Free, tight integration between test management and test implementation Initial purchase and subsequent maintenance and support of test management tool is expensive
  Non-existent or unsupported integrations with IBM Rational test implementation tools.

Option 2:  The organization uses IBM Rational ClearQuest Test Manager (CQTM) for test management.

Other tools (non-testing) Integration Test Management Integration Test Implementation
ClearQuest None necessary ClearQuest TestManager(CQTM) Ring-Zero Test Adapters QuickTest Pro, WinRunner, LoadRunner
RequisitePro Rational, out-of-the-box

Pro’s Con’s
Free, tight integration between test management and RequisitePro requirements.  Free, ultra-tight integration between test management and ClearQuest defects, enhancements.  No synchronization is necessary. Less-mature test management software
Test management software is free, since it is built into ClearQuest. Expense of third-party (Ring-Zero Software) test adapters.
Free integration between test management and IBM Rational test implementation tools.  

Some organizations which have already made investments in Mercury test management software may consider migrating to ClearQuest Test Manager (CQTM).  In general, migration consists of exporting the hierarchy of test assets (test plan, test cases, test scripts) from the Mercury database and importing them into CQTM.  The level of effort necessary for migration may differ, depending on which particular Mercury test management tool features being used.  For example, if TestDirector is being used for requirements management, additional software (RequisitePro) and migration effort may be required.  However, the benefit of the additional need outweighs the costs: RequisitePro is useful for requirements at all stages in the development process, while TestDirector’s requirements management capability is confined to testing.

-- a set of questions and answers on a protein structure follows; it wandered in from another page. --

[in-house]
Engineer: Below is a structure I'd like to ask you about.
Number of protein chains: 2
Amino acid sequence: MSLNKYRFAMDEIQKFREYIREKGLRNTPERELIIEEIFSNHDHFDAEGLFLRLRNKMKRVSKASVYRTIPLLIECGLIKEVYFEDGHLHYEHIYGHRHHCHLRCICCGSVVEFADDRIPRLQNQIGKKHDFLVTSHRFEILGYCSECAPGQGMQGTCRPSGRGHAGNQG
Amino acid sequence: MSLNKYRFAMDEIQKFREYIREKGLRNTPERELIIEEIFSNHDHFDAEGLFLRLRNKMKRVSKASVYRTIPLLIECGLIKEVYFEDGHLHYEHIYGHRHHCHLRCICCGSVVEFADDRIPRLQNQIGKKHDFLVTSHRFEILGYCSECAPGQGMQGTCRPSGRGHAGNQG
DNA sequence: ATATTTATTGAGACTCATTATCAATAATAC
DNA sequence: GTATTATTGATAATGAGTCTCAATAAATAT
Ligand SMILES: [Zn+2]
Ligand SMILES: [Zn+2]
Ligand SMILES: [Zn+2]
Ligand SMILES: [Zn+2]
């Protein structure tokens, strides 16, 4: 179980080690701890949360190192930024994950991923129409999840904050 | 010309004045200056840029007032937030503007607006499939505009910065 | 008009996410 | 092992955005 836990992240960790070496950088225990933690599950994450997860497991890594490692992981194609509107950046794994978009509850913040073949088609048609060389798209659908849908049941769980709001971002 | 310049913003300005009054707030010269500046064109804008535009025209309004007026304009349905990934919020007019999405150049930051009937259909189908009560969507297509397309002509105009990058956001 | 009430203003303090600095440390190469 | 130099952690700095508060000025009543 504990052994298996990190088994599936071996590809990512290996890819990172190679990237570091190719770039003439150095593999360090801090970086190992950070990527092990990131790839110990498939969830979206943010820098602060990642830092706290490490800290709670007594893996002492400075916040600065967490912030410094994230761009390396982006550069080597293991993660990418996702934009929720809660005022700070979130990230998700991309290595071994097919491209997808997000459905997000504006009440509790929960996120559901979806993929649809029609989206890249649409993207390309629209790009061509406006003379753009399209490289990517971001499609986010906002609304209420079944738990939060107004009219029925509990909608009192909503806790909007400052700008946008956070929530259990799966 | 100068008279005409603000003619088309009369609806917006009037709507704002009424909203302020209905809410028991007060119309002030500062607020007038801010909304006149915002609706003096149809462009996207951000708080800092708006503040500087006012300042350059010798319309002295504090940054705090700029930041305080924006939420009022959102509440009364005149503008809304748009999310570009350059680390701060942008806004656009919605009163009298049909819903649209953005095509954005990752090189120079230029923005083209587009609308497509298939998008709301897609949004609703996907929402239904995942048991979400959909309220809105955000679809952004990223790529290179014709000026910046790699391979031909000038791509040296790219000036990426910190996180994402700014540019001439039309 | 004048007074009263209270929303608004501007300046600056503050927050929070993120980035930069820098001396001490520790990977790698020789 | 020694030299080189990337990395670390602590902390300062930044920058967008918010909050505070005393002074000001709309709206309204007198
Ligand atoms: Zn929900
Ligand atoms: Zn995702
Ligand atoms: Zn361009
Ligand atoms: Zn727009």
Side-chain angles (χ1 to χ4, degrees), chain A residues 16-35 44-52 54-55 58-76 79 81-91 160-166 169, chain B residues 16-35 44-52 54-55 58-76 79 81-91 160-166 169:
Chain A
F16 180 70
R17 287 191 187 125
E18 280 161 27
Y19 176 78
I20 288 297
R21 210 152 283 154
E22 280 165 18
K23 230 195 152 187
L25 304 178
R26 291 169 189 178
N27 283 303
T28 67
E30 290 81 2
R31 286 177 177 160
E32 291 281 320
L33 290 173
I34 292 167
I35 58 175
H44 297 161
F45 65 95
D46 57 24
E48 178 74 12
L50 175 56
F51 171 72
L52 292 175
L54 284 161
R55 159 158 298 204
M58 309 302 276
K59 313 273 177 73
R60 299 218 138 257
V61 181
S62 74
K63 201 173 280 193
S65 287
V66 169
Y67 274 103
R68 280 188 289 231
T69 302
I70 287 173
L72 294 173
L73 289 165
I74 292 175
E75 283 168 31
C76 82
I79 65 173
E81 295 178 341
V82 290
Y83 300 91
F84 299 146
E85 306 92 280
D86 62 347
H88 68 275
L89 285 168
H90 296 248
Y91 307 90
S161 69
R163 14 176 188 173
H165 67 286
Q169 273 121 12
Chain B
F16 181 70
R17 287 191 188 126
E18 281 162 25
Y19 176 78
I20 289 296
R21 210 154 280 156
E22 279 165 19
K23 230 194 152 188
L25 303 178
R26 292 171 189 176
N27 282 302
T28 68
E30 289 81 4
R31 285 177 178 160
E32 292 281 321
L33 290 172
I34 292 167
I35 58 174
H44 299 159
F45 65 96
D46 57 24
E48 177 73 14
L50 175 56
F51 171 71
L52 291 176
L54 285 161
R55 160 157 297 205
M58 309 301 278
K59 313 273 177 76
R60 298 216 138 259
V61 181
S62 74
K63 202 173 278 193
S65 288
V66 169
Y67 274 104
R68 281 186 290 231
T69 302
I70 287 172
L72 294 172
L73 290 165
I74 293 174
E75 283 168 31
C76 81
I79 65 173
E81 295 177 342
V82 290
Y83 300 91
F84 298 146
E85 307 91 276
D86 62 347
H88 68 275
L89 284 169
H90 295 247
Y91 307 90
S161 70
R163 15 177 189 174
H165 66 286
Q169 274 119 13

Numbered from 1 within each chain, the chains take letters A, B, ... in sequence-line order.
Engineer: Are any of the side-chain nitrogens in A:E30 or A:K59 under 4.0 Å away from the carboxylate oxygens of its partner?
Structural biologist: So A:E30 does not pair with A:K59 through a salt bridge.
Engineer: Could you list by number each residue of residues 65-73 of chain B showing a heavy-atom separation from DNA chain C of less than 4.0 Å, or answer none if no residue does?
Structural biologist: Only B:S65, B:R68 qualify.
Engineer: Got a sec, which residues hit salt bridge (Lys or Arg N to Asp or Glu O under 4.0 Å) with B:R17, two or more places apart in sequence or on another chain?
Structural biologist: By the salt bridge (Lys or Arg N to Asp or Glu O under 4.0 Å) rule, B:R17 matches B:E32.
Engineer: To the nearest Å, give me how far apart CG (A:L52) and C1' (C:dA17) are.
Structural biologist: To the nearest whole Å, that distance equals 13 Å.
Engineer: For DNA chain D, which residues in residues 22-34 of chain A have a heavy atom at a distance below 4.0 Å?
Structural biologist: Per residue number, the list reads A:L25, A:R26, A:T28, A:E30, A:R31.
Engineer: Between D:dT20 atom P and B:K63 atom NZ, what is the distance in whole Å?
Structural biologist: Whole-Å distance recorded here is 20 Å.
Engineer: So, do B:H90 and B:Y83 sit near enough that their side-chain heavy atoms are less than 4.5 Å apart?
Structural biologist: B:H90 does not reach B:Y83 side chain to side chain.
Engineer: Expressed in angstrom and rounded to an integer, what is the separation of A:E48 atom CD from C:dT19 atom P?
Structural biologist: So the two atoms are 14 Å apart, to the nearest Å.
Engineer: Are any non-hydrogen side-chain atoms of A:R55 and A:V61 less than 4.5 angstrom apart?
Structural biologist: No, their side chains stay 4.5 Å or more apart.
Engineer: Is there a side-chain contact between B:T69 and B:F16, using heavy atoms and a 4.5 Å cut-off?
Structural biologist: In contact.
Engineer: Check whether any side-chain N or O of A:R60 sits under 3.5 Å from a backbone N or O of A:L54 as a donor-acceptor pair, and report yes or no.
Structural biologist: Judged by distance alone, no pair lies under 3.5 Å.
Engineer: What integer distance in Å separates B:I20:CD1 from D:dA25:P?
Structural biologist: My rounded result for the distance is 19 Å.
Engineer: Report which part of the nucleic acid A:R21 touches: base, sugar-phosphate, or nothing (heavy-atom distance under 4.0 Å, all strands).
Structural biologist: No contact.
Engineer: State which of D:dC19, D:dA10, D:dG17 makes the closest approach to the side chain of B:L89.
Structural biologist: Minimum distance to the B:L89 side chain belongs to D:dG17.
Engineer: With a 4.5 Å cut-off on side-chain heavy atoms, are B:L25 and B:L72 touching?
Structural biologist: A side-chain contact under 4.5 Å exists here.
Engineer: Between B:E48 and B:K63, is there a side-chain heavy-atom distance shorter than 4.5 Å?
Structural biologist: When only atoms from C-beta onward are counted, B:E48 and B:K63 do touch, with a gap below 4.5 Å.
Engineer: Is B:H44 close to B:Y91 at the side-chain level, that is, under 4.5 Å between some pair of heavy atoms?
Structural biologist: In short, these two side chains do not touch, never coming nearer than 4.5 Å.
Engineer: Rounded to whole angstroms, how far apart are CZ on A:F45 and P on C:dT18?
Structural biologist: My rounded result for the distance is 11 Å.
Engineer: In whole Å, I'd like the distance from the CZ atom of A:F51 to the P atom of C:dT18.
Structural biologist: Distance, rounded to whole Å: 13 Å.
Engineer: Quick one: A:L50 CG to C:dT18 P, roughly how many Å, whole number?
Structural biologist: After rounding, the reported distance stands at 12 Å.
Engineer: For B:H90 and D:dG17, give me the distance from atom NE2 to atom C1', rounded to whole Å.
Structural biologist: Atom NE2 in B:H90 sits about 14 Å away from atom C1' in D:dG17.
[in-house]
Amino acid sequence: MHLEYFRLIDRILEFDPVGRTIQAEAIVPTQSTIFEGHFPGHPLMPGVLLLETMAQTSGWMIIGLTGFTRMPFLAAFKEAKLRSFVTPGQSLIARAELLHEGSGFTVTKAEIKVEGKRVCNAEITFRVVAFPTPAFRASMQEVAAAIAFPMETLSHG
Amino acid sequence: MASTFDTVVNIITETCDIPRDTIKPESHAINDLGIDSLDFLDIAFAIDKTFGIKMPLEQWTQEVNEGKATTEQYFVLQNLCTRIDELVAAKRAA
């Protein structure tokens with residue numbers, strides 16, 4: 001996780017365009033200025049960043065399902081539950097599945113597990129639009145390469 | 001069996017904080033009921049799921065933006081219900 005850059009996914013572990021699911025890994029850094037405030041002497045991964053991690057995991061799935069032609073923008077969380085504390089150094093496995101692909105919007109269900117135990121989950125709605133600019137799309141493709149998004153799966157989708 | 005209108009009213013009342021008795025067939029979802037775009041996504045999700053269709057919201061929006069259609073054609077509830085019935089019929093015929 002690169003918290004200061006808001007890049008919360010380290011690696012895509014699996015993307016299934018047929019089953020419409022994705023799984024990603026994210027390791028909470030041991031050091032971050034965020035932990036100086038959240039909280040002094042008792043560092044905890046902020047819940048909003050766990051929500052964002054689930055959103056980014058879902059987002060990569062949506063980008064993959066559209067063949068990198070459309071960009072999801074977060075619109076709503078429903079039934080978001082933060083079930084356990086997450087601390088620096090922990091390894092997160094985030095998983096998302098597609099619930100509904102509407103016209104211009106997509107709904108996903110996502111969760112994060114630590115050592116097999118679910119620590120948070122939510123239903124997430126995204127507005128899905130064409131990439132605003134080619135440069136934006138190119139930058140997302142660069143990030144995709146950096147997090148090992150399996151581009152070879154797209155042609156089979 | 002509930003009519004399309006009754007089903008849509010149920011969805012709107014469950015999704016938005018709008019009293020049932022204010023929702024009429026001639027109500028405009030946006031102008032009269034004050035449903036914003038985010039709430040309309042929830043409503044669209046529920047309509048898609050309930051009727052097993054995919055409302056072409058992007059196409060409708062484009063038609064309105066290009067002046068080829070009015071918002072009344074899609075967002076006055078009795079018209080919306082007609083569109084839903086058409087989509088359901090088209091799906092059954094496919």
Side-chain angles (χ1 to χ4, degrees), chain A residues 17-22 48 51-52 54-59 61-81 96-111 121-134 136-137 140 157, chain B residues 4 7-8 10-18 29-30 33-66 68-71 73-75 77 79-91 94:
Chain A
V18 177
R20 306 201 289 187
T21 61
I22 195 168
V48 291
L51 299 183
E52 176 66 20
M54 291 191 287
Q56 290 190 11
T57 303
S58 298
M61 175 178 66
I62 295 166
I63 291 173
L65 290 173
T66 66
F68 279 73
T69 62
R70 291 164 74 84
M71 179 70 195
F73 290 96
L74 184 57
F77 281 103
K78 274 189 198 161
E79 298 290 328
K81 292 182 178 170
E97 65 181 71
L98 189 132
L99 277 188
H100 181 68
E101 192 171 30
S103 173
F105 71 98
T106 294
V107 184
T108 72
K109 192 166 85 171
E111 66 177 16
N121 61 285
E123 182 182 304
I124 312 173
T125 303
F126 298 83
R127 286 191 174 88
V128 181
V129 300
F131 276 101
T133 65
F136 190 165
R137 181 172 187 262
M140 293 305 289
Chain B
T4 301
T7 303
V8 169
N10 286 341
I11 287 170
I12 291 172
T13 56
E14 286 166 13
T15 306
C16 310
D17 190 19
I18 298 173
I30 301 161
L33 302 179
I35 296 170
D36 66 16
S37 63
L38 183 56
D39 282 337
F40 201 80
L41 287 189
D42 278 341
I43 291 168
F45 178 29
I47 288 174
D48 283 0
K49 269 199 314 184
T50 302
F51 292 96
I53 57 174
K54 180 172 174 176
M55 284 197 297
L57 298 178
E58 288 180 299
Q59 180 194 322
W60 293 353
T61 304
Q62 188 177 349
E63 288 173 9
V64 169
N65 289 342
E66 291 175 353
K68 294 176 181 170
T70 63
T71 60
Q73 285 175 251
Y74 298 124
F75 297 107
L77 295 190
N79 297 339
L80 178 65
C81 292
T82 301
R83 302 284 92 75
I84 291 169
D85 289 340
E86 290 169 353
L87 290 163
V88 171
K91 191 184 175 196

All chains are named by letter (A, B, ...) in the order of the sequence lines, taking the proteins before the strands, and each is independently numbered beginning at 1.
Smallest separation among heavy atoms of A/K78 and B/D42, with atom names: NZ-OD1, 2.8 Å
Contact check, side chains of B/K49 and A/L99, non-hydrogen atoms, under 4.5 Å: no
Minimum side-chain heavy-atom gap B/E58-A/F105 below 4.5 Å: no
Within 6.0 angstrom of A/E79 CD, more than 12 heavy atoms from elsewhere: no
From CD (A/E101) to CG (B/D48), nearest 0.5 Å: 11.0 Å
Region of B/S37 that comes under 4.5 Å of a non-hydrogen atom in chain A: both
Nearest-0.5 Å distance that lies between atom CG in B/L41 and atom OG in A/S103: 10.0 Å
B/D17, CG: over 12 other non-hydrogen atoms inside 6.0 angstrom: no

Learn more about the tools mentioned in this article:

IBM Rational Functional Tester
IBM Rational Manual Tester
IBM Rational Performance Tester
IBM Rational Tester for SOA
IBM Rational Robot
IBM Rational ClearQuest TestManager
HP Mercury QualityCenter
HP Mercury WinRunner
HP Mercury QuickTest Professional
Ring-Zero Test Adapters

Friday, July 27, 2007

Leveraging DOORS Requirements in a Distributed Environment

These days, organizations are increasingly mandated to have auditable, automated traceability which links requirements to development, change management, and testing.